Dec 2007 CMG 2007 Steve Guendert

Understanding the Performance Implications of Buffer to Buffer Credit Starvation: Frame Pacing Delay.

2007 Brocade Communications Systems, Inc. All rights reserved.

28

Frame Pacing Delay

RMF 74 Subtype 7 Records


Global Data Switch Data

Connector Data

Port Data

Four data classes of data are reported by the 74 subtype 7 Port data includes average read/write frame sizes, average bandwidth, error count, and pacing delays for each port. Frame pacing occurs when a director port exhausts its available credits. Frame pacing delays are measured in 2.5 micro-second units Data is collected for each RMF interval if FCD is specified in your ERBRMFnn parmlib member
Dec 2007 CMG 2007 Steve Guendert Understanding the Performance Implications of Buffer to Buffer Credit Starvation: Frame Pacing Delay.
2007 Brocade Communications Systems, Inc. All rights reserved.

30

FICON Director Measurements


F-port to ISL Interconnection

Frame Pacing Delay R/W MBps Error Count For ISLs and F-ports

RMFs FICON Switching Device Report Components

Host-to-Director FICON

Director-to-Storage FICON

2 / 1 aggregation 2 / 1 aggregation

5 / 2 aggregation 4 Channels

9 Channels

FAN-IN

2 / 4 / 10 Gbps ISLs

FAN-OUT

RMF 74 subtype 7 records turned on and CUP code implemented!


Dec 2007 CMG 2007 Steve Guendert Understanding the Performance Implications of Buffer to Buffer Credit Starvation: Frame Pacing Delay.
2007 Brocade Communications Systems, Inc. All rights reserved.

31

Frame Pacing Delay


AVG FRAME PACING
Defined by RMF as the average number of time intervals of 2.5 microseconds that a frame has to wait before it could be transmitted due to no buffer credits being available on a given director port.

You always want to see a zero value in this field!


Reporting on this value was one of the primary reason that the RMF 74-7 record was developed it was not needed for ESCON A non-zero value in the AVG FRAME PACING field indicates that you have an issue with insufficient BB Credits It is critical to use CUP in any FICON environment in which distance extension is being utilized 4Gbps may create more Frame Pacing Delay issues than 2Gbps

z/OS disk workloads rarely use a "full" 2148 byte credit


For example, with a 4k block transfer, the average frame size for each 4k transfer is typically about 819 bytes

Dec 2007 CMG 2007 Steve Guendert

Understanding the Performance Implications of Buffer to Buffer Credit Starvation: Frame Pacing Delay.

2007 Brocade Communications Systems, Inc. All rights reserved.

32

Where does frame pacing occur?


Incorrect number of BB credits (not enough) assigned on a port Poorly architected environment:

Dec 2007 CMG 2007 Steve Guendert

Understanding the Performance Implications of Buffer to Buffer Credit Starvation: Frame Pacing Delay.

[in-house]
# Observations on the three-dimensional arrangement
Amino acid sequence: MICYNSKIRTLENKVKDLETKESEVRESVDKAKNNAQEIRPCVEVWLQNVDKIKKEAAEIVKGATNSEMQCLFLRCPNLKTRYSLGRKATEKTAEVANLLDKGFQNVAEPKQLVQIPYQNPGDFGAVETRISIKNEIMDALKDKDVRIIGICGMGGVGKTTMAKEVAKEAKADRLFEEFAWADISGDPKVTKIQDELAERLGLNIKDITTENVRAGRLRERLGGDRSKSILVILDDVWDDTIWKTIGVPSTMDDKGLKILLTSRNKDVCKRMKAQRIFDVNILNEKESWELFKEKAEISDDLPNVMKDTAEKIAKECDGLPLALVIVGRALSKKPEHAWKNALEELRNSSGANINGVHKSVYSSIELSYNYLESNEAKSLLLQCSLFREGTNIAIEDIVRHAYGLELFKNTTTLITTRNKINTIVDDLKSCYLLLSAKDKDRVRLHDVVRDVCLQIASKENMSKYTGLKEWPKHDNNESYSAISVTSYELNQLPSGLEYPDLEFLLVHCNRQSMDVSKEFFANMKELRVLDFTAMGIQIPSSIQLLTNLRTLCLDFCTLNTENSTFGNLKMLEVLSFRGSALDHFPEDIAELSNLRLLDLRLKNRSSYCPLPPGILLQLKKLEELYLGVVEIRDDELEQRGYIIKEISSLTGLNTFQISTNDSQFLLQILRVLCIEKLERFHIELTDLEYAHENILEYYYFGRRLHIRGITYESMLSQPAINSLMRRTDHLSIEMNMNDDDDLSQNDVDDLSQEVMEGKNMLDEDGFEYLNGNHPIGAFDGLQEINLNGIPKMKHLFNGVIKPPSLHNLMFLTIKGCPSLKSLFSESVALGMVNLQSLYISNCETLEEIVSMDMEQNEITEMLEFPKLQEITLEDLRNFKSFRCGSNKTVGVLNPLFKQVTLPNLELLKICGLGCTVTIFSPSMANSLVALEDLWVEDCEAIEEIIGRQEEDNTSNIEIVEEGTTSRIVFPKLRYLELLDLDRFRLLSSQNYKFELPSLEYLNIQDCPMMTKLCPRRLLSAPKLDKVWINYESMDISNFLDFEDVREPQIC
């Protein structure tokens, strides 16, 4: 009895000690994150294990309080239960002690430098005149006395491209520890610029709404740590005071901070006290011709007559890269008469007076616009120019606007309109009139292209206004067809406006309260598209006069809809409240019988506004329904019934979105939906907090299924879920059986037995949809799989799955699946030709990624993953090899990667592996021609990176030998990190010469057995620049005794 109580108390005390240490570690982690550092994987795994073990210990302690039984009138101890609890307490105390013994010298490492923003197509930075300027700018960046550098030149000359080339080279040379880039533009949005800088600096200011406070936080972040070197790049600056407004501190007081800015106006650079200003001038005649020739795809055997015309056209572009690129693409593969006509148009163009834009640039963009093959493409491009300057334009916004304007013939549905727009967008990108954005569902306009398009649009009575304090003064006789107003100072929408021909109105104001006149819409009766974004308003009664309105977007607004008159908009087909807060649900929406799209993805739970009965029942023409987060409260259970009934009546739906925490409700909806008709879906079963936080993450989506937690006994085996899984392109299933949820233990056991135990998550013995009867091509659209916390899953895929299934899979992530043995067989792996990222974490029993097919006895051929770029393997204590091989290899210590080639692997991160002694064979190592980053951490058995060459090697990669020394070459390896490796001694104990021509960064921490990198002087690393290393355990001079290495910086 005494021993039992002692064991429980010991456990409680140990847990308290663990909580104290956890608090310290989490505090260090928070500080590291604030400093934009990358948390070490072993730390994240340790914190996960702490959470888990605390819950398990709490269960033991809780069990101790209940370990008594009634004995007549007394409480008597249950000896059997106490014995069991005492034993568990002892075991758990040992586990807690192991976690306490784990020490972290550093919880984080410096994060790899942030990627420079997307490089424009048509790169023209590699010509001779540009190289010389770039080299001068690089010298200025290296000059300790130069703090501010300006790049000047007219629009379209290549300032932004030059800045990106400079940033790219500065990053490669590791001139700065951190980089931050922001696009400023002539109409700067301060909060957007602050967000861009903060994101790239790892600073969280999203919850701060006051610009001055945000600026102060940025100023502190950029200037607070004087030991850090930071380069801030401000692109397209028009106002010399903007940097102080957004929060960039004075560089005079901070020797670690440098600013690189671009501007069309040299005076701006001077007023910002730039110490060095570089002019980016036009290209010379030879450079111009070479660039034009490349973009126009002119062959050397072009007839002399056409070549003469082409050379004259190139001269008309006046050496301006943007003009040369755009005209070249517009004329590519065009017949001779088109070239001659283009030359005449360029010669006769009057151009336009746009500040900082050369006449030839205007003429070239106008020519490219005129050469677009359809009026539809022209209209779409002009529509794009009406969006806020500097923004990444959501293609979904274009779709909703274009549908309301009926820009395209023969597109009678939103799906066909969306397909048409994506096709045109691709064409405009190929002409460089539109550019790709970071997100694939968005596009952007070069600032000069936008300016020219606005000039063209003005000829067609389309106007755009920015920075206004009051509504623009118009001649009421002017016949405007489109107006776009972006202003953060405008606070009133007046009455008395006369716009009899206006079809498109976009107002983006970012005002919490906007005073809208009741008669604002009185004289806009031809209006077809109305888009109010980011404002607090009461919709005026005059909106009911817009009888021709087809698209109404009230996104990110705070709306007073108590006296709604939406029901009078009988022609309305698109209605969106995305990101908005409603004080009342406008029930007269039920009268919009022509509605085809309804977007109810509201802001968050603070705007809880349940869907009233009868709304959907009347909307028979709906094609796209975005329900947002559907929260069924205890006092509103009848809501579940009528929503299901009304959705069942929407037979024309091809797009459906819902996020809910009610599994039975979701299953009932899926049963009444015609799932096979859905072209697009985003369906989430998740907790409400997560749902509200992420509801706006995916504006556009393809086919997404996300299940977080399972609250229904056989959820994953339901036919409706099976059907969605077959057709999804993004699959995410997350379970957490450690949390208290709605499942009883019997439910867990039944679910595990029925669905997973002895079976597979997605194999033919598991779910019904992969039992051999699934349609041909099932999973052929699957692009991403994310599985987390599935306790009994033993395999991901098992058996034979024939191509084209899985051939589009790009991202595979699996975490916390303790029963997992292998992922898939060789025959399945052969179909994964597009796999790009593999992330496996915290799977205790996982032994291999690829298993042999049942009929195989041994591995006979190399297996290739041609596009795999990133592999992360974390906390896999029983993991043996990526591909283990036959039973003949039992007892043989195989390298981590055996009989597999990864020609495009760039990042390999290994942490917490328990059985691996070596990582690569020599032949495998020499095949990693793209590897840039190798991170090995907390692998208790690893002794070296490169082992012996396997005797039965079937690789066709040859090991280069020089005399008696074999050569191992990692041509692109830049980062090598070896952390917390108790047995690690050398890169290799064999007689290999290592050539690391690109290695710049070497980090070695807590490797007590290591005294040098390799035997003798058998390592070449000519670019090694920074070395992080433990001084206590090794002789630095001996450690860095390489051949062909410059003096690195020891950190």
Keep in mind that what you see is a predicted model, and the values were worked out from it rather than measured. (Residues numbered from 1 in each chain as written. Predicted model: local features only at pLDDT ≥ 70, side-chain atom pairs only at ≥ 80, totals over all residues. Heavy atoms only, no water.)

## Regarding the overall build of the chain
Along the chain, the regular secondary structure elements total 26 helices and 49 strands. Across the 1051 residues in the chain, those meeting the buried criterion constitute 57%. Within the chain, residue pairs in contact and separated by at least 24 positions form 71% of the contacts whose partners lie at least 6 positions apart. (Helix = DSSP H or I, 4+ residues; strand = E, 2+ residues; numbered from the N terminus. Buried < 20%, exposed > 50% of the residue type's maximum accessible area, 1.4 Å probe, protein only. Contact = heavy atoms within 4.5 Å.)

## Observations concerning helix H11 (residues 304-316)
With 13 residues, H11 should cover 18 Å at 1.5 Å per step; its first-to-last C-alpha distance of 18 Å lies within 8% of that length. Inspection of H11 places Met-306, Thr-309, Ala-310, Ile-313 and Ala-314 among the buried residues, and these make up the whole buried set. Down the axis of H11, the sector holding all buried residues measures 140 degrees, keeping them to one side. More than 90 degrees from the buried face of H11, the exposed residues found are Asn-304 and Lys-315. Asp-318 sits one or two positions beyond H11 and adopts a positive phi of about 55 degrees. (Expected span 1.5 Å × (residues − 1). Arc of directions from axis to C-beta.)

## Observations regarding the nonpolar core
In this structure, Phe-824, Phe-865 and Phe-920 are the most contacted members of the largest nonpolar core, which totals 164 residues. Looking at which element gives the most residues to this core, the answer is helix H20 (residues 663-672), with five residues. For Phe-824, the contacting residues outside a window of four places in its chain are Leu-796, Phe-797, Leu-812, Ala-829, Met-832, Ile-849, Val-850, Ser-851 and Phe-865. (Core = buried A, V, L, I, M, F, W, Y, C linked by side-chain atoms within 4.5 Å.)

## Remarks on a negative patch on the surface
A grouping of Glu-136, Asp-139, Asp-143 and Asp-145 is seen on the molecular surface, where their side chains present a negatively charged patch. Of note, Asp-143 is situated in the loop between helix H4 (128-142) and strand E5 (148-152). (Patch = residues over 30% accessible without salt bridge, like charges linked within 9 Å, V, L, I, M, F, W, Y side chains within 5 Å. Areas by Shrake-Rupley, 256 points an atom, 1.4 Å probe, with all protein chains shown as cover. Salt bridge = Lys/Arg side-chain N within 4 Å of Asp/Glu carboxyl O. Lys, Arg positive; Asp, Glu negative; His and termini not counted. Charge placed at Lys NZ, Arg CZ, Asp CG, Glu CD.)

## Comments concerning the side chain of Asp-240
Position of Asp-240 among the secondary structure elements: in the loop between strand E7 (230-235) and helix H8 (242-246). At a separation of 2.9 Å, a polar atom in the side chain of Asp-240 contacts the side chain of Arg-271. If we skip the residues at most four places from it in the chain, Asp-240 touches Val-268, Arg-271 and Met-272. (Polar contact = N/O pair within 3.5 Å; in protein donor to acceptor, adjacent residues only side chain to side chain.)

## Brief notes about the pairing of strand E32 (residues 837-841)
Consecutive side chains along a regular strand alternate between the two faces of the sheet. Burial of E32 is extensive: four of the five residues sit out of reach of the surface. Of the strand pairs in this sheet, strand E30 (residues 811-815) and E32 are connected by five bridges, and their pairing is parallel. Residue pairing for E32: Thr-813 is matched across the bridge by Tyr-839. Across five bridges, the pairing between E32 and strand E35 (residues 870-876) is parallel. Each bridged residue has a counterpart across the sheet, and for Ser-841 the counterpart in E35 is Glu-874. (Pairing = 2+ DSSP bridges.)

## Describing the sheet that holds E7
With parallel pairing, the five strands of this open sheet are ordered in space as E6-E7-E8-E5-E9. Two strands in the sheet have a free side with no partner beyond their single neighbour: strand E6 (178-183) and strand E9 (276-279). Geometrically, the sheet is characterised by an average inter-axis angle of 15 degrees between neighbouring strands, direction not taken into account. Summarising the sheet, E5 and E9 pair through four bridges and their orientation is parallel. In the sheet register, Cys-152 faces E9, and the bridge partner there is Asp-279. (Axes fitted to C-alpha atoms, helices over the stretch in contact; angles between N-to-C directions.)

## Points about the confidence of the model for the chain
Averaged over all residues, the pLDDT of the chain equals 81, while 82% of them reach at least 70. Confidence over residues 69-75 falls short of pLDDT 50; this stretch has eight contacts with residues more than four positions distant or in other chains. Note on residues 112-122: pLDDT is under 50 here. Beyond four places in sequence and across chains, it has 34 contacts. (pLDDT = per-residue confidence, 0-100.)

2007 Brocade Communications Systems, Inc. All rights reserved.

33

FICON Director Activity Report

Dec 2007 CMG 2007 Steve Guendert

Understanding the Performance Implications of Buffer to Buffer Credit Starvation: Frame Pacing Delay.

2007 Brocade Communications Systems, Inc. All rights reserved.

34

Frame Pacing Delay Being Reported

Dec 2007 CMG 2007 Steve Guendert

Understanding the Performance Implications of Buffer to Buffer Credit Starvation: Frame Pacing Delay.

2007 Brocade Communications Systems, Inc. All rights reserved.

35

Local Frame Pacing Delay


How can you run out of buffer credits inside a datacenter?
Frame pacing delays occur when multiple, heavily used paths merge into a single FICON link Frame pacing delays can contribute to PEND, DISC, and CONN time measurements

me F ra

s Bp 0M 10

Frame Pacing Delay is caused by running out of buffer credits!


UCBs serviced by these storage ports are probably experiencing additional delays usually reported as PEND Time and CONN Time and sometimes as DISC time
Frame Pacing Delay came about with FC and FICON so it is not a factor in ESCON performance!
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Frames

Frames

300 MBps

100 MBps
Fra me s

Now this CONGESTED cascaded link is causing additional PEND and/or CONN time to many storage ports and possibly additional IOS Queue Time to some of the CHPIDs
Dec 2007 CMG 2007 Steve Guendert Understanding the Performance Implications of Buffer to Buffer Credit Starvation: Frame Pacing Delay.

10 0M Bp s

2007 Brocade Communications Systems, Inc. All rights reserved.

Suggestion
Use the RMF 74-7 record as a way to help narrow down/troubleshoot performance problems in your environment

Dec 2007 CMG 2007 Steve Guendert

Understanding the Performance Implications of Buffer to Buffer Credit Starvation: Frame Pacing Delay.

2007 Brocade Communications Systems, Inc. All rights reserved.

37

NEW IDEAS

RMF 74-7 changes


Change the field AVG Frame Pacing to BB Credit starvation Add a field for open exchanges

Dec 2007 CMG 2007 Steve Guendert

Understanding the Performance Implications of Buffer to Buffer Credit Starvation: Frame Pacing Delay.

2007 Brocade Communications Systems, Inc. All rights reserved.

39

Counting BB Credits in use


Add to the director management software, and/or RMF the capability to calculate and report the number of BB credits in use during an RMF interval via CUP
Microsoft Excel Worksheet

Dec 2007 CMG 2007 Steve Guendert

Understanding the Performance Implications of Buffer to Buffer Credit Starvation: Frame Pacing Delay.

2007 Brocade Communications Systems, Inc. All rights reserved.

40

Dynamic Allocation of BB Credits


Similar in concept to HyperPAVs and DASD Allow the z/OS I/O Supervisor (IOS) to dynamically assign the number of BB Credits required on an individual I/O basis, via CUP.

Dec 2007 CMG 2007 Steve Guendert

Understanding the Performance Implications of Buffer to Buffer Credit Starvation: Frame Pacing Delay.

2007 Brocade Communications Systems, Inc. All rights reserved.

41

THANK YOU